Preparing Top Bar Hives For Winter

Helping bees close up shop for the winter is one of my seasonal chores. This year my husband even helped! I am really proud of him; he has always been supportive of my bee habit and loves to sing the praises of bees, but never really wanted to get too close for fear of getting stung. He even winterized a hive all by himself! One step closer to being a big happy beekeeping family.

I have two Kenyan Style Top Bar Hives (or kTBH) at my parents’ house so we decided we should have taco night, the boys would get Grammie and Grampy time and I would get my bees hunkered down for winter.

The process to do two hives probably takes a whole 30 minutes from start to finish. You need your hive tools, I keep them all in a tool box. Specifically, a hive tool or small pry bar (I used a flat head screwdriver since my hive tool grew legs and walked off), bee brush, stapler, 1/4-inch hardware cloth cut to the size of your TBH, a bowl, knife, and straw.

Start by removing your lids and stapling the hardware cloth around the rim so it will overhang onto the sides of the hive. I did this my first year beekeeping and I leave it on year round. Also remove your observation window to see how far the girls have gotten and where you need to start prying up the bars to slide in your follower board.

Hives

Hives ready for winterization.

Remove any started or unfinished comb. The goal here is to have that follower board right up next to the last full bar of honey comb.

Unfinished comb

Small unfinished comb.

Move the follower board up to the last comb and be careful not to squish any of your ladies. Use your bee brush or a gentle hand. Neither my husband or I wore bee suits for this hive manipulation as our bees are docile.

The comb you collect here will most likely be full of uncapped honey. Cut it off the bars and place it in your bowl and share with your family. To be clear on one thing. We only harvest our honey once a year, in the spring time. NOT the fall. The bees eat their own honey all winter and in the spring after the nectar sources have returned in our area, we take what they didn’t use during the winter.

Comb

More unfinished comb.

Stuff the empty bit of the hive with straw. And I mean STUFF IT IN THERE! I used at least a 1/4 of a bale of straw just for this tiny little bit of empty hive. The straw acts as insulation. While you are at the straw stuffing, stuff a bunch into the underside of your lid. More insulation and it also helps to wick away moisture that the bees will produce keeping their queen warm.

Pack with straw

Stuffing straw

Now simply replace your lid and staple down the excess hardware cloth around the outside of the hive. Replace your observation window and ensure that it is totally secure. It is not a good thing when your window blows off in a storm and its a few days or weeks until you find it has fallen off.

TA-DA! Bees are all cozy for the winter!

More bee posts to come so keep on the look out for them. Happy Beekeeping!

Observation window

View from observation window.

Homemade Applesauce

 

This year my family got together and made applesauce for the first time. We had not only 2 bushels of FREE apples, but we also had a free day this weekend to make SAUCE. Happy Dance. And by “free day” I mean, “We are already canning 40 lbs of beef this weekend so we might as well …”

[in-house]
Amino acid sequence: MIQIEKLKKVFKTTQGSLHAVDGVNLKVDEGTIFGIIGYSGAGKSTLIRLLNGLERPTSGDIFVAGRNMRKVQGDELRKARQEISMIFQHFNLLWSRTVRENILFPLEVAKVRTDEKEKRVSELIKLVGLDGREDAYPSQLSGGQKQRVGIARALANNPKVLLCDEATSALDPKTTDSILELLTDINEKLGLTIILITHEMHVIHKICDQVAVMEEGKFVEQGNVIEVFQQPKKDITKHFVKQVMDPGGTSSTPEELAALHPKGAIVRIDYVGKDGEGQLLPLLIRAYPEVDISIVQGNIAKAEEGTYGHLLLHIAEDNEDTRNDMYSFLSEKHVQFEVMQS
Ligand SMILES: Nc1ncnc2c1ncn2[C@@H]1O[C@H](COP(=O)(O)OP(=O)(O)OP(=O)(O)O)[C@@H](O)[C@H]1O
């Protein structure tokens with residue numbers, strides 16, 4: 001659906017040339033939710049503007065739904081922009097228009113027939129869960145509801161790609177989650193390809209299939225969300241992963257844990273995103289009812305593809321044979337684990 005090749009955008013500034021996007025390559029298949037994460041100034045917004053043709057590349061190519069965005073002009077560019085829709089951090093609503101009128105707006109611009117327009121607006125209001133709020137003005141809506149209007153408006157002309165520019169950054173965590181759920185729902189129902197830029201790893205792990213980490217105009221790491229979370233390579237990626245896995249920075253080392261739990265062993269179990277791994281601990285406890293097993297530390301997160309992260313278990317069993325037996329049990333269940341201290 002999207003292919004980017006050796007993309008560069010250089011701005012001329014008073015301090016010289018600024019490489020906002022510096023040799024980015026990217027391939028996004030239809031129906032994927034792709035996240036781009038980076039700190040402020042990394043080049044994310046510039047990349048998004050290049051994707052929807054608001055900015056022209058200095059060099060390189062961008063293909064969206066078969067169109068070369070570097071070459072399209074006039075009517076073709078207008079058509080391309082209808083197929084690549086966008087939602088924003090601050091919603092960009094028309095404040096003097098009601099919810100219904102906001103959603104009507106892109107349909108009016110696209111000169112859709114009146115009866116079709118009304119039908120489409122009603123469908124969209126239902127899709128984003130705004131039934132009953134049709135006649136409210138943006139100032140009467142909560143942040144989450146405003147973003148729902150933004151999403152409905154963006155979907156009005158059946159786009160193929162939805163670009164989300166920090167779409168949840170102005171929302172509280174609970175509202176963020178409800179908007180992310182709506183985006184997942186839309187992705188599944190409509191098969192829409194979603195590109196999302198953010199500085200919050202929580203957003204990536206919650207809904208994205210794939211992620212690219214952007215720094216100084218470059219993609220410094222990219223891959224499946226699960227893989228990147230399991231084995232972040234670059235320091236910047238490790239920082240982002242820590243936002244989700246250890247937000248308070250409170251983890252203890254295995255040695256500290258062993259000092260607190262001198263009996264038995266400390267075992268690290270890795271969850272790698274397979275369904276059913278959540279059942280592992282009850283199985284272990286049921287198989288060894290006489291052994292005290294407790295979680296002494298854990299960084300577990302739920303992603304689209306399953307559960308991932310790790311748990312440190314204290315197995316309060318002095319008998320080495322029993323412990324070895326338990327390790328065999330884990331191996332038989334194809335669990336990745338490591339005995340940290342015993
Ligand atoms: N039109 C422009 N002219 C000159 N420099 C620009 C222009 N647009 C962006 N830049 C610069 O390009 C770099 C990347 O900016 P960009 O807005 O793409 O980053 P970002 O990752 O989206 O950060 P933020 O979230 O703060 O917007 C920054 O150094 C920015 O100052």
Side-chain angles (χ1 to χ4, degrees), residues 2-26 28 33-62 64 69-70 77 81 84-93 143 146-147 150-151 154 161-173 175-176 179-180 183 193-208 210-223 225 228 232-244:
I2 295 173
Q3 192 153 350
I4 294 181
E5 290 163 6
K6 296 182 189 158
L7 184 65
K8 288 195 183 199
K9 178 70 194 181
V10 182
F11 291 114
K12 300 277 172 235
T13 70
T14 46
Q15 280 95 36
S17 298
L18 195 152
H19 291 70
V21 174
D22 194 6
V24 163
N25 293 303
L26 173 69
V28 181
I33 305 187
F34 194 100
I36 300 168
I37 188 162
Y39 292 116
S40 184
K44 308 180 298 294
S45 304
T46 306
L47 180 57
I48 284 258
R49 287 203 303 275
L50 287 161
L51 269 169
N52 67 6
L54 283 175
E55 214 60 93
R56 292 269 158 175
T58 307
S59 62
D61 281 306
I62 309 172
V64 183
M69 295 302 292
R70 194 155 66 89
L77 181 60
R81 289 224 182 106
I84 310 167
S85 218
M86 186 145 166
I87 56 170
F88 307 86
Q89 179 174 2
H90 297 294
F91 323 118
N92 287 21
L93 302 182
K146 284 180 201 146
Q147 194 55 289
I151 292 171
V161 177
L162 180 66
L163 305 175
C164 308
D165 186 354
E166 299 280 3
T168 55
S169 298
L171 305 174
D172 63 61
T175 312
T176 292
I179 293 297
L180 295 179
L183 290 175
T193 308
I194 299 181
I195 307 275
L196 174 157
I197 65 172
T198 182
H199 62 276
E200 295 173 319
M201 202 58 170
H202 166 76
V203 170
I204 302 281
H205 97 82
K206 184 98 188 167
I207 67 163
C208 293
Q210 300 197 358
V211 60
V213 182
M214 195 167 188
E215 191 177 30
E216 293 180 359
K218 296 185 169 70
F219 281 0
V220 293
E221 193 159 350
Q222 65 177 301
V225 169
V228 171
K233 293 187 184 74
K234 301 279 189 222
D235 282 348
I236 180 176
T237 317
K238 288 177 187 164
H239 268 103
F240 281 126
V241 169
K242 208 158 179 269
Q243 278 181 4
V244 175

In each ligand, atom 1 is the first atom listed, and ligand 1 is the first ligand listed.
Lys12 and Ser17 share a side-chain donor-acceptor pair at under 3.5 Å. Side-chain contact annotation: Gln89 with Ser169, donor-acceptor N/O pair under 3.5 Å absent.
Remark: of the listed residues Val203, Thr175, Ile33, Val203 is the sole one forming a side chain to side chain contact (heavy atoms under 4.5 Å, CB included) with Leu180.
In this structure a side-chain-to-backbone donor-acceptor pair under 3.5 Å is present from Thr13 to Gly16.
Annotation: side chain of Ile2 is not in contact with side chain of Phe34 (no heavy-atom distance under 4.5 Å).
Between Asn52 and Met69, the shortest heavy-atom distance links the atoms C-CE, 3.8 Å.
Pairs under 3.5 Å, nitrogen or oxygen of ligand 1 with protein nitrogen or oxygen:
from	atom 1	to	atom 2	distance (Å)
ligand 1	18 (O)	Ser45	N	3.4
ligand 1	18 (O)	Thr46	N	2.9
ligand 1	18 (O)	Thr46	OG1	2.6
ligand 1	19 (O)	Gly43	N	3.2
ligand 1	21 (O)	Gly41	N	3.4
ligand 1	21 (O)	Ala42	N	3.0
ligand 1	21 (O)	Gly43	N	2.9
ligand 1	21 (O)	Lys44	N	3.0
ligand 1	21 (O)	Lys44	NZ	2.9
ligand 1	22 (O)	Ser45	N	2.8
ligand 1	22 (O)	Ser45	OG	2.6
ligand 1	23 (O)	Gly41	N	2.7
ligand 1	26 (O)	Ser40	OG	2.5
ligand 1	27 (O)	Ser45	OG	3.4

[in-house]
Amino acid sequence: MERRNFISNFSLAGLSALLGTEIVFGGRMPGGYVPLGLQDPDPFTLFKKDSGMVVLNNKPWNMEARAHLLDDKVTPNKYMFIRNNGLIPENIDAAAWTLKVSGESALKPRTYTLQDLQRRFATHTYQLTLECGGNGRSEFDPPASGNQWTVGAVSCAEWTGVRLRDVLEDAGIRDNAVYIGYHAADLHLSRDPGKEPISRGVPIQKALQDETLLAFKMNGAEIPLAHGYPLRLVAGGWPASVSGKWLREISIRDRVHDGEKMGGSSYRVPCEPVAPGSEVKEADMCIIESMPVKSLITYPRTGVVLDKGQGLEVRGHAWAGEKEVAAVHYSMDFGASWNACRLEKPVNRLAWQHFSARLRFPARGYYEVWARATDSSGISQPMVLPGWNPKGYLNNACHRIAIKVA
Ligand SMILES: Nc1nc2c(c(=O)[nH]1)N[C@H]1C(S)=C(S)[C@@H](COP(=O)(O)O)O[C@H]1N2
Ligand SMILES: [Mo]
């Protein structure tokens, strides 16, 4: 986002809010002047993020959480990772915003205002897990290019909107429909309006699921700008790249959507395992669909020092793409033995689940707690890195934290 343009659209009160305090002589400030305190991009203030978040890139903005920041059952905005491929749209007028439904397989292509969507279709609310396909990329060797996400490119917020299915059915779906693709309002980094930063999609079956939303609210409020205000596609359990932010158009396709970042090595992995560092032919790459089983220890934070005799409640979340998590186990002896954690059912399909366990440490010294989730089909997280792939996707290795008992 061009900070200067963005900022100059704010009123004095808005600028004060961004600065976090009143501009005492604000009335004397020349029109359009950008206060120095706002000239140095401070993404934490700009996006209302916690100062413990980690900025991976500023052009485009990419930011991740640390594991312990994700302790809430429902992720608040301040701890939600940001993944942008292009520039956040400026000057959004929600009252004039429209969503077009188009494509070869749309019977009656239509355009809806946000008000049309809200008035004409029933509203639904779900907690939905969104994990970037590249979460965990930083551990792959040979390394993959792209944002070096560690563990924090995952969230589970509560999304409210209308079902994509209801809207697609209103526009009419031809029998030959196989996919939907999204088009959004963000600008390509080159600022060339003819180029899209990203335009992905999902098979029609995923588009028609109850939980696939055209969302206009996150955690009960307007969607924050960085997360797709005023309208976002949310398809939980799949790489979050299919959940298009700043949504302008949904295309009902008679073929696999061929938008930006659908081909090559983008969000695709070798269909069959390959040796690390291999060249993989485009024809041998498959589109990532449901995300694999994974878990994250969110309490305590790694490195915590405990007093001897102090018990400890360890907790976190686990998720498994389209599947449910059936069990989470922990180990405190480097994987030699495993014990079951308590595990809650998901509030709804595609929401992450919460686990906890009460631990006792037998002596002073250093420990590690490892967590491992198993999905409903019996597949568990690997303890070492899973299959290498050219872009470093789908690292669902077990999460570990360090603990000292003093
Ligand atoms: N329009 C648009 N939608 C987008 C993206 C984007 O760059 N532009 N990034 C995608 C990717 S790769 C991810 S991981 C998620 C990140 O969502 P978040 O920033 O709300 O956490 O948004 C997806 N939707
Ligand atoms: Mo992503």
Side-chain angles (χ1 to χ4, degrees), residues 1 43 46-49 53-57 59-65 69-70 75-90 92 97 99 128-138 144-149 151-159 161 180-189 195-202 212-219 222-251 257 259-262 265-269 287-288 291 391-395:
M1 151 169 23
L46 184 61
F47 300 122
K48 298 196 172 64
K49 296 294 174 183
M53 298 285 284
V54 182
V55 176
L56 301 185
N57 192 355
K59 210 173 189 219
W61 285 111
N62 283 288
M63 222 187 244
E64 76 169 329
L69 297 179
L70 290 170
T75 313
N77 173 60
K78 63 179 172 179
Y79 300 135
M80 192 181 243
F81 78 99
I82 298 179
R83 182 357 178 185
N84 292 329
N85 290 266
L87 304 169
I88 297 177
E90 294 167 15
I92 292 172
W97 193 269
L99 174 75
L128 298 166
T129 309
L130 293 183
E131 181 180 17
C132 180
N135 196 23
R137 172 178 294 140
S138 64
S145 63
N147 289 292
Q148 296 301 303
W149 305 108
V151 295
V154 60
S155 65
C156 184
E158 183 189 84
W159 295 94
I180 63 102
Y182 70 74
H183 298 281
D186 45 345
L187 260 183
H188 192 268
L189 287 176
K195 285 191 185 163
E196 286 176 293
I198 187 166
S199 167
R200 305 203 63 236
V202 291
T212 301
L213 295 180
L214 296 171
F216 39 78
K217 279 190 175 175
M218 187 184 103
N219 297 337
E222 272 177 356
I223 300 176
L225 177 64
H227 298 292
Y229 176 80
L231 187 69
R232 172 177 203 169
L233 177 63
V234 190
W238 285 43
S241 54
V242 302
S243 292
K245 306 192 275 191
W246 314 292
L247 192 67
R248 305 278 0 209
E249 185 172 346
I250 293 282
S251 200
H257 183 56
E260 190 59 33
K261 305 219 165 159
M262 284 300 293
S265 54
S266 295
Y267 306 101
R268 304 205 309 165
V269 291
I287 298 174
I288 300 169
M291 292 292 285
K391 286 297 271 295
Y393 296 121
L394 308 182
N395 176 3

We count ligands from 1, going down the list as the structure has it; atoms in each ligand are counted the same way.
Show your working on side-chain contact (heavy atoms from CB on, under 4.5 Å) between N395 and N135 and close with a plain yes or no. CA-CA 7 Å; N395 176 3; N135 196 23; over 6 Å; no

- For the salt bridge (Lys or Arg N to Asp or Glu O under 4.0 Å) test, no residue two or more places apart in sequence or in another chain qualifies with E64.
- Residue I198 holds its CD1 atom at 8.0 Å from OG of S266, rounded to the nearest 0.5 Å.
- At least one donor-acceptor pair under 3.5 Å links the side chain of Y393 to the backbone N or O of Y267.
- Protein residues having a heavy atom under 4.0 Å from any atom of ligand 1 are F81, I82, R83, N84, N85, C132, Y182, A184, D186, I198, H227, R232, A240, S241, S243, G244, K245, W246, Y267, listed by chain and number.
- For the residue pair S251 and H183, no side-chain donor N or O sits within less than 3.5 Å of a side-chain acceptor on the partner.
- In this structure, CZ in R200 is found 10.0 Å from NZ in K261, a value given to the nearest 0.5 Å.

Funny how everything has to come at once. We had planned on doing the applesauce, then we got that faithful call from the meat processor that our steer was ready for pick up. All blessings of course … we have meat for our freezer and tasty applesauce for the dead of winter. The work is totally worth it. Plus you get the added bonus of family time, and passing traditions down through the generations.

No extra acid was used in our recipe, you can add lemon or citric acid, however some claim that it causes an off flavor so we opted out. Sugar is an optional add in too, it all comes down to taste. Since the babies would be the main eaters of the applesauce we chose to not add sugar. The apples we had were a mix of lord-knows-what varying in texture, size, color, and acidity. Our end product had enough acid that we were comfortable skipping it and the sugar both, simply for taste reasons and safety, too.

Lets get to it then!

Apples

Acquire your apples. You want a nice mix of sweet and tart apples. We aren’t really sure what kind of apples we ended up with, but we could tell that there were three distinct varieties ranging from tart to sweet and crisp to soft.

Coring and Peeling

Core and peel your apples. You can see we saved our skins and cores and stuffed them in half gallon jars for apple cider vinegar making. Another blog for another time.

Cored and Peeled Apples

A pot of cored and peeled apples ready for cooking.

Apples Cooking Down

Apples cooking down. We worked in batches with two large pots on the stove. Cook them until they are nice and soft and easily mashable.

Mixing applesauce

We used a hand mixer in the pot to “sauce” our sauce. It has some teeny weenie chunks in it. It’s homemade, the perfection is in the imperfection.

Filling Jars

Fill your jars. We use a 2 cup measuring cup to scoop into jars rather than a ladle. We find that we have more control over the lava hot substance, and it takes less trips from the heat source to the jars. Be sure to tap your jars gently to get out all the air bubbles or stick a utensil down into the jars to free up bubbles.

In The Bath

Add your jars to the hot water bath canner. Wait for the water to boil then set your timer for 20 minutes. Remove your jars and let them cool on a towel. The sound of can lids popping is the best sound in the world!

Happy Applesauce Making!